Anna Boniface was selected to run for England after she became the first non-elite woman to finish the London Marathon in 2017. But over-training and under-eating meant her dreams were short-lived because she failed to finish the event after suffering a stress fracture to her ankle. She was later diagnosed with a condition known as Energy Deficiency in Sport - brought on by pushing her body to the limit and failing to refuel properly. The condition affects hundreds of young athletes and can lead to serious eating disorders like bulimia and anorexia. It can also weaken bones, stop women athletes from having periods and dramatically reduce testosterone levels in men. As the TrainBrave campaign is launched to raise awareness of the condition, 5 Live Investigates hears from those suffering the consequences. They include a young cyclist left with the bones of an 80-year old, and an Olympic hopeful forced to give up athletics in her mid-20’s after four spinal fractures brought on by her diet.
photo credit: kbschlee photography
LGBT Domestic Abuse
The LGBT people trapped in abusive relationships because they say the police don’t take them seriously and they can’t access support services. 5 live Investigates has discovered the number of gay, bisexual and trans men and women involved in recorded domestic abuse crimes is going up. But experts say the figures represent only a fraction of the abuse in the LGBT community. One LGBT domestic abuse charity has told the programme it’s seeing more than double the number of victims it was seeing five years ago. But thousands don’t bother reporting because they think they’ll get a negative response from the police.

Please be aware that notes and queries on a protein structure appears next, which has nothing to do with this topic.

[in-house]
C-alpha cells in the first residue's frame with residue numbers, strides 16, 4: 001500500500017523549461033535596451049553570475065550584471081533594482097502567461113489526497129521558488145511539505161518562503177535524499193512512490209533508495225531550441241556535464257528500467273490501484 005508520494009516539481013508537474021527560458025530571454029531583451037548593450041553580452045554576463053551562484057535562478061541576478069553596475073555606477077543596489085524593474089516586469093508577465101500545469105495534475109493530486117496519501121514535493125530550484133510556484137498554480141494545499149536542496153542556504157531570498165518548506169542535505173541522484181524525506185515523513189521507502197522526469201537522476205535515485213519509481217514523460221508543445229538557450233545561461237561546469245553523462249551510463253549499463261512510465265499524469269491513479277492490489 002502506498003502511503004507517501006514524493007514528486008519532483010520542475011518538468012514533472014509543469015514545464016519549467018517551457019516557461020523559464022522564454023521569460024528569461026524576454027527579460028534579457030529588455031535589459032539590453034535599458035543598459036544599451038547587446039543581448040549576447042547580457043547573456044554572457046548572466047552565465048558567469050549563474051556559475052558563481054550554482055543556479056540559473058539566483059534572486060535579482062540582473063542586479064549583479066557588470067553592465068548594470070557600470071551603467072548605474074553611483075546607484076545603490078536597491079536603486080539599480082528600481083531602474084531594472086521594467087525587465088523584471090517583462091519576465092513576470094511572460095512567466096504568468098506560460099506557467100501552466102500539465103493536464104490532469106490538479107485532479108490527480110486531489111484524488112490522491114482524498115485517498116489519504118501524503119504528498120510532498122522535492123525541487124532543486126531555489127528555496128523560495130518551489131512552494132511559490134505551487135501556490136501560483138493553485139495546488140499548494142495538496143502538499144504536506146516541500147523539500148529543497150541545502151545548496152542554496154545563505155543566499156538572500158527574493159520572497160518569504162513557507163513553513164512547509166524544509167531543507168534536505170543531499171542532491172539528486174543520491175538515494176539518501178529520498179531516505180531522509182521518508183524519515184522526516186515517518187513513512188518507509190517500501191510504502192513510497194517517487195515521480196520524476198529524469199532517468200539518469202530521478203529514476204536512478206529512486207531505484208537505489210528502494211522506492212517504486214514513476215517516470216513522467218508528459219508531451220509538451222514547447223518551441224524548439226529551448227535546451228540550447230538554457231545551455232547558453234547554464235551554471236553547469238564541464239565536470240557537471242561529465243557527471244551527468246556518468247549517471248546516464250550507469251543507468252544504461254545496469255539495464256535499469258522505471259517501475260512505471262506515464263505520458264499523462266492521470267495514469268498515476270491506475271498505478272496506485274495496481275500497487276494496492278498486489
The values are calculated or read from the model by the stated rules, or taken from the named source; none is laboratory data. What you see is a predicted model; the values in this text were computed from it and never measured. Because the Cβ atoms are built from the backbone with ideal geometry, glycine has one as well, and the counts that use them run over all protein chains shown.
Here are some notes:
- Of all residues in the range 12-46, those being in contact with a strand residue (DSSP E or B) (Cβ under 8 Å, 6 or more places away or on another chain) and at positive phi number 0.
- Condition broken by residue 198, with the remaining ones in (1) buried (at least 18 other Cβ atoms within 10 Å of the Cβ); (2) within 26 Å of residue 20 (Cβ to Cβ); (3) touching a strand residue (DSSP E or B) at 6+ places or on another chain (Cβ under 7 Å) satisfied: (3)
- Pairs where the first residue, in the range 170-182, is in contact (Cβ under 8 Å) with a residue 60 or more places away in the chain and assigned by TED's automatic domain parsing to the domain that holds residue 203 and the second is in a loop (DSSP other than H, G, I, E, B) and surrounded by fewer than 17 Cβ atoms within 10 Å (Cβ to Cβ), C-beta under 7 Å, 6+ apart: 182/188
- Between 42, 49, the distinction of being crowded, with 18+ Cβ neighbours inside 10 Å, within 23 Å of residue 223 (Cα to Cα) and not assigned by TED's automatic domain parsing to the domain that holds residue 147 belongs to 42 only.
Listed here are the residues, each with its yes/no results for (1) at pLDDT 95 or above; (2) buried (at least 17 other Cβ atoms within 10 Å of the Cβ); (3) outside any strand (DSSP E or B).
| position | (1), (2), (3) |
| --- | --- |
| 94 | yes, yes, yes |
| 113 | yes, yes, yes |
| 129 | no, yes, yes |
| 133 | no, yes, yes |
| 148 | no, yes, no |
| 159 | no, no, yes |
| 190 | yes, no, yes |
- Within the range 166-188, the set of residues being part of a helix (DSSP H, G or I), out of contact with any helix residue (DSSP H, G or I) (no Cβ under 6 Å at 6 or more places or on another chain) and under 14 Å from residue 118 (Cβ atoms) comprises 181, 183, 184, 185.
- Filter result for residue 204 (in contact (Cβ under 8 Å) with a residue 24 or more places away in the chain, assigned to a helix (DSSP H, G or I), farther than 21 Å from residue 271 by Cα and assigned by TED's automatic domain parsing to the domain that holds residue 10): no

The New House With 354 Faults
Nine out of 10 people who buy a new home report so-called 'snagging' issues according to a new survey seen by 5 live Investigates. The New Homes Review 2018 is an independent survey of 687 people who've bought new homes within the last year. Craig Wakeman and his partner Tracy Bickford bought their £325,000 three-bedroom dream home from developers Bovis in November 2016. The couple and their two daughters were eventually forced out of the property after 354 faults were discovered in a series of surveys. Two years since buying the house near Worcester, the family still aren't able to move back in. Mr Wakeman tells 5 live Investigates: "We're in a position where we own a house that we can't live in, that we can't sell, that's got that many faults in it you're always going to question whether of not the house is going to be right. We've asked Bovis homes to take the keys back and take the home off us but they've refused to do that."
Bovis has apologised to the family and says the company is 'completely focussed on putting right what has gone wrong.'
The Children 'Vanishing' From Schools
Thousands of children with special educational needs are disappearing from education with ‘concerning’ consequences, Ofsted has told 5Live Investigates. Inspectors have admitted that when pupils are ‘off rolled’, they vanish from official records. ‘Off rolling’ is when schools put pressure on pupils to leave without permanently excluding them, in order to reach tough academic targets or save money. 5 Live investigates hears from the parents of children with conditions like autism who say their children are being forced out of schools and are having to be home schooled or taught in inadequate ‘alternative provision’ settings.
Photo Credit; Boston Globe / Getty
'Phoenixing' - The Companies Rising from the Ashes
The businesses that go bust – only to re-emerge under a different name with no debts. There are now calls for tighter regulations around so-called ‘phoenixing’ where companies rise from the ashes of collapsed businesses leaving employees and creditors with huge debts of their own. The practise also costs local authorities and HMRC billions. 5 Live Investigates hears the stories of those who’ve been left out of pocket and from those who want unscrupulous directors outlawed for good. Also, tool thefts from vans and the tradesmen who say their livelihoods are threatened but they can't get the police to take them seriously.
Photo Credit = Paul Ellis\Getty